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Sunday, May 28, 2006

Commentary, Visuddhi Magga

"Next, after he has put on his waist cloth as one who hides an abscess,
and tied his waist band as one who ties a bandage on a wound, and robed
himself in his upper robes as one who hides a skeleton, and takes out his
bowl as one who takes out a pan for medicine, when he reaches the vicinity
of the village gate, perhaps the sight of an elephant's carcase, a horse's
carcase, a buffalo's carcase, a human carcase, a snake's carcase, or a
dog's carcase, awaits him, and not only that but he has to suffer his nose
to be assailed by the smell of them." - from Visuddhi Magga, The Path of
Purification, by Buddhaghosa, trans. Nanamoli.

"And thus, bhikkhu, what is enlightenment, what is the cessation of suf-
fering, in the body that suffers, that does not comprehend what it does or
does not suffer, which no longer understands beyond the pain of the wound,
the disease? What is to be done with senescence, with delirium, with decay
within which the name is no longer spoken, the ears no longer hear, the
eyes no longer see, the mind no longer remembers the paths of meditation,
nor does not remember to forget them, nor forget to remember them? And
what, bhikkhu, if I am not in my right mind, if I am subject to such
visions that I am the subject of such visions, if such visions are the
breadth and depth of my world? What is then enlightenment, all but forgot-
ten in the quagmire of nightmare which does not abandon me in the light of
day? What then? What if it is the decay of my body that forms the decay of
my body and the decay of my mind? What if, near death, I am not conscious
of death, not conscious of world and non-world, not conscious of Buddha
and non-Buddha, not conscious of dhamma, what then? For are we not always
of this path of deterioration, of mental incapacity, of sickness unto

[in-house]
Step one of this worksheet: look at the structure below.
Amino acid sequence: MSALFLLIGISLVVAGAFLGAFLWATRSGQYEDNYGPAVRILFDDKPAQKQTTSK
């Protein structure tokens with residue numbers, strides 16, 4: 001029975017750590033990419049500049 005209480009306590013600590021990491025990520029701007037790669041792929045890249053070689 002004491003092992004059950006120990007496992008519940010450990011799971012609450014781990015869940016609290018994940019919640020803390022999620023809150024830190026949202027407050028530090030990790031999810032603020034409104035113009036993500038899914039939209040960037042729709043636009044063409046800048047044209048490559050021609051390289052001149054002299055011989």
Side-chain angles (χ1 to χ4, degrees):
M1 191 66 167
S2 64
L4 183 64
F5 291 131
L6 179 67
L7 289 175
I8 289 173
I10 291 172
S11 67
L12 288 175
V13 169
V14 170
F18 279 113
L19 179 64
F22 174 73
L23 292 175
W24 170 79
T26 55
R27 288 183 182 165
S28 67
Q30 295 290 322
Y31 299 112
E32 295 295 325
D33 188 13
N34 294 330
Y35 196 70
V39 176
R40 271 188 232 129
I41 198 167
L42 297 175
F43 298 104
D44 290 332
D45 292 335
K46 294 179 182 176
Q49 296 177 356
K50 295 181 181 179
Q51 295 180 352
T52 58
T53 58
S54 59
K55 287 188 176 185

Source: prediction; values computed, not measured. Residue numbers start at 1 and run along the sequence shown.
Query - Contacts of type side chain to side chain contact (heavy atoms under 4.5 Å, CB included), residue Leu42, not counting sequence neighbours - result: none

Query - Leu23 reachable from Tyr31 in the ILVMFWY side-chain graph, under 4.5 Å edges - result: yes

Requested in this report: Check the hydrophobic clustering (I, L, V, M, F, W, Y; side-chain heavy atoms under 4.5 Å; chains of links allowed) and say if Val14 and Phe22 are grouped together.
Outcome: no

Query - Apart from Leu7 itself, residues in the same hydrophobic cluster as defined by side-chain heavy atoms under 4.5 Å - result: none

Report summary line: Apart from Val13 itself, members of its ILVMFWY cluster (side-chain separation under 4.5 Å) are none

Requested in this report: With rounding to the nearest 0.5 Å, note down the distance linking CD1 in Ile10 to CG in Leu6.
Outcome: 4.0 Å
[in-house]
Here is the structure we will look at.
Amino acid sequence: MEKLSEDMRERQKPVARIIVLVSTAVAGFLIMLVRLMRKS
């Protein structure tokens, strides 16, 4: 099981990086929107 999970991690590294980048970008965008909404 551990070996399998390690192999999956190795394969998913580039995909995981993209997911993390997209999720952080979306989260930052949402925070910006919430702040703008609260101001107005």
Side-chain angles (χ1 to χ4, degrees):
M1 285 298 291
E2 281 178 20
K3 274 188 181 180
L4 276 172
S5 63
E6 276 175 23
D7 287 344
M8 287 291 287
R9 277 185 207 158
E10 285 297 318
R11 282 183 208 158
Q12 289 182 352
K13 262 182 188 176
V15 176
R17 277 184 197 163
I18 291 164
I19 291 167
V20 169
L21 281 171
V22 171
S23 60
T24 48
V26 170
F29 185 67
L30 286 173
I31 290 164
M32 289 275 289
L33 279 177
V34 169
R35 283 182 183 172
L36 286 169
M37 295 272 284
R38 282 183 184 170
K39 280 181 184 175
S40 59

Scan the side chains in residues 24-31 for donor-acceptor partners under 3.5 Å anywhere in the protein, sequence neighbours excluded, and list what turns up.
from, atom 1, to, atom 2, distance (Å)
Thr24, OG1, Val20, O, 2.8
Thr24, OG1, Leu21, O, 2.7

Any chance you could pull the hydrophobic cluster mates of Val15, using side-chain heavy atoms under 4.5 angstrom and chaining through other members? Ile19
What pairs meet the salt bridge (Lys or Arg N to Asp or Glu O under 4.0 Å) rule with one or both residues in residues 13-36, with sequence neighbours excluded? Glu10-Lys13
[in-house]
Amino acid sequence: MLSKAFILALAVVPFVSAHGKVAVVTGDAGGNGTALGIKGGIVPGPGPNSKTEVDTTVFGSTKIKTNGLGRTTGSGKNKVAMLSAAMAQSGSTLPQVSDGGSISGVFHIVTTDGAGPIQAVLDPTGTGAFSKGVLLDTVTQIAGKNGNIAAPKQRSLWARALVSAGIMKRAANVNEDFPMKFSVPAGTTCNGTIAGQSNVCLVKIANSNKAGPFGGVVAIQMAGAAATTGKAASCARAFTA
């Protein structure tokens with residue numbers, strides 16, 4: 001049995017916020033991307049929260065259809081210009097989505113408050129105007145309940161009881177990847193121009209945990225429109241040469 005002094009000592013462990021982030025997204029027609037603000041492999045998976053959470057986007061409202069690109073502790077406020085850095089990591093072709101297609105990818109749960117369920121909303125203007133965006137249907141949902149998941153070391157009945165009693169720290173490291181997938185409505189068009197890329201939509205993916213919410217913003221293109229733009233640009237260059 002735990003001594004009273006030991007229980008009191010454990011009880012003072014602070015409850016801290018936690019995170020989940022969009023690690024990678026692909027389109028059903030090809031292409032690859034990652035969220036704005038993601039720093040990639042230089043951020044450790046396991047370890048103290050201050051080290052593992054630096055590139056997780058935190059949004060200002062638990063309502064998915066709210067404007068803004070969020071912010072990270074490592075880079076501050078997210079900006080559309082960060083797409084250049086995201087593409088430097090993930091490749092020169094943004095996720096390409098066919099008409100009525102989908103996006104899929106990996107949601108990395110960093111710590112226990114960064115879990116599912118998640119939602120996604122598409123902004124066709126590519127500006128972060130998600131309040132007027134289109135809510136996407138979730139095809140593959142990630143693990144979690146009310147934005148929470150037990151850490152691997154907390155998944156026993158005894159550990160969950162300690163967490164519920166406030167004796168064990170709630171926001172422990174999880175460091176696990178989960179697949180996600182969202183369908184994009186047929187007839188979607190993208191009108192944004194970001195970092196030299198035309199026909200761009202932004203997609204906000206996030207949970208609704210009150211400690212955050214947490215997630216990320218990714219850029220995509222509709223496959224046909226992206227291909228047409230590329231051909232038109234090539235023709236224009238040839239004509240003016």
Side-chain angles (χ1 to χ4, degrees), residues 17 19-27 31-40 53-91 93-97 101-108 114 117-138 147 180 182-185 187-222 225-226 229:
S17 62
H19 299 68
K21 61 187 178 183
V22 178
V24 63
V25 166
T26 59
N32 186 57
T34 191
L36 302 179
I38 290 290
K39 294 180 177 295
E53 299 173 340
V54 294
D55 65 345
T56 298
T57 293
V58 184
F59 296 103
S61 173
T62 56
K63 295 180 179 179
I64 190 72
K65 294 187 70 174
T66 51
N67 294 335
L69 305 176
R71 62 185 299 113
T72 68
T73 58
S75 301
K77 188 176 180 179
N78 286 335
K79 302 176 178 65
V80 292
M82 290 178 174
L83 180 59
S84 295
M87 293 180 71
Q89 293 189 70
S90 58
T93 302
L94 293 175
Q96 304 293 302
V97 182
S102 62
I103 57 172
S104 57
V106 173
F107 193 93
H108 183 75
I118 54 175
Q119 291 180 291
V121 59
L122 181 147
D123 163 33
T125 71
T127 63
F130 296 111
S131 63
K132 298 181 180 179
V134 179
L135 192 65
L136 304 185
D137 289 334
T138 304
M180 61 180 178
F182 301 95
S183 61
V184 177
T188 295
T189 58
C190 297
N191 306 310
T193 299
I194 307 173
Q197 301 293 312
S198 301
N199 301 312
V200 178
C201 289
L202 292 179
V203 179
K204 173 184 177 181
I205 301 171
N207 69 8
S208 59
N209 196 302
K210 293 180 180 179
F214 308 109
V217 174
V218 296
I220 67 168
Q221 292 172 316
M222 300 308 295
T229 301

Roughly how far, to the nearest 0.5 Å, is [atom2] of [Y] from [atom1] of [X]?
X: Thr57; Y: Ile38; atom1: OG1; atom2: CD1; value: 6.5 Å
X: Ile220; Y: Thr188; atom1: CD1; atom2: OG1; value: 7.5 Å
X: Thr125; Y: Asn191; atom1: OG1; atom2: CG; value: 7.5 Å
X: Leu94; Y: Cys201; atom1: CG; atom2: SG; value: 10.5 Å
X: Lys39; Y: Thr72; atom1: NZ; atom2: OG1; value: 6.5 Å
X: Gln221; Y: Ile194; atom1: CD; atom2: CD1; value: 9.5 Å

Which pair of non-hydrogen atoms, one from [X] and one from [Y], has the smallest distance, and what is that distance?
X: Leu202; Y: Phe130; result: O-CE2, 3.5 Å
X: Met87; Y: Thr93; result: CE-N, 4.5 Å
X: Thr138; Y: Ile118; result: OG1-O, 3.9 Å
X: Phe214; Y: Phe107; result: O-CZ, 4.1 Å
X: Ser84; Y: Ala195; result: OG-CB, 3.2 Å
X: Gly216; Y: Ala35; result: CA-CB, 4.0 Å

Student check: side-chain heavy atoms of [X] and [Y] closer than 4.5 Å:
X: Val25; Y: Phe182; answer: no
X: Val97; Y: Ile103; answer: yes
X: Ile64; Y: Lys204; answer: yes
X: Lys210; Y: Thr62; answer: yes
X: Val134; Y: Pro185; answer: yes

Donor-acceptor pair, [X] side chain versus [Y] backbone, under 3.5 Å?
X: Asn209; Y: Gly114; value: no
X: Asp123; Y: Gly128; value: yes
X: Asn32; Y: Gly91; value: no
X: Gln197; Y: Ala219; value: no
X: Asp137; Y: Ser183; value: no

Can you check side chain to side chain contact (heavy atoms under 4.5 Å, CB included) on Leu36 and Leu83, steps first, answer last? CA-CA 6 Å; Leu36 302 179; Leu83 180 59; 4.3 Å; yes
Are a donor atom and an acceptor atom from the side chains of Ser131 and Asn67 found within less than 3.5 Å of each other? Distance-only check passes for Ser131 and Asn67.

death, are we not always of this path of inconceivability, impossibility,
of such illness that the mind no longer speaks, nor thinks, nor imagines,
nor dreams? And what is an exception to this, and what is the norm of
this? And what are the vagaries of fevers, that nothing remains in focus,
that pain cannot be banished from pain, what then? And must we not drive
our body and our mind, but drive them just so far, before the limit and
degree of cessation, before right-mind is lost, before dependent origina-
tion is no longer cause for concern, no longer understood, spoken, in and
out of mind, present and non-present, remembered and forgotten? Do we not
teeter on the edge of the abyss before all is lost, before sickness car-
ries us to the nonsense of meditation, the absurdity of absurdity? Are we
not driven by our own instincts to crawl upon the earth, to swallow it, in
order to remain alive, our mind no longer thinking, no longer ours, yours,
no longer not-ours, not yours? What is enlightenment, what can be done,
when there is nothing to be done, no one to be doing, no thing, no doing,
but not language, memory, meditation, state, paradox, consciousness,
dream, unconsciousness, nothing, not even the annihilation of death, not
even cessation, not even the cessation of cessation, what then? For then
there shall be no speaking, no asking, no remembering, no chanting, no
meditation, no dreaming, no forgetting? And what then? For then there
shall be pain, no pain, and what then? Mind disappears into ignorance,
ignorance disappears. Why, bhikkhu, is there enlightenment at one time and
not another? Why must one be healthy, or unhealthy, or hungry, or of
satiation, or thirsty, or fulfilled? Why must one negate all desires, or
negate none of them? Why enlightenment? Why purity, and why not impurity?
When impurity breeds impurity, when ought is pure? When purity breeds
purity, when ought is impure? Of what use, what concern, bhikkhu? When one
no longer speaks of these things, when one can no longer speak of these
things, when one can no longer speak, when nothing at all, what then?

"There are here in the Victor's Dispensation
"Seekers gone forth from home to homelessness,
"And who although desiring purity
"Have no right knowledge of the sure straight way --"

And what, bhikkhu, given all that I have said and thought, what if there
is no knowledge, no right knowledge, no false knowledge, what of sickness
and unthinking, what of dementia and no rightness, what if there is no
way, what if there is no straightness, if the eye cannot see, the ear
cannot hear, the mind cannot think, cannot unthinking, cannot desire
purity or impurity, cannot desire, what if there is no mindfulness, what
if there is no home? What then, bhikkhu, what then?

1 comment:

Anonymous said...

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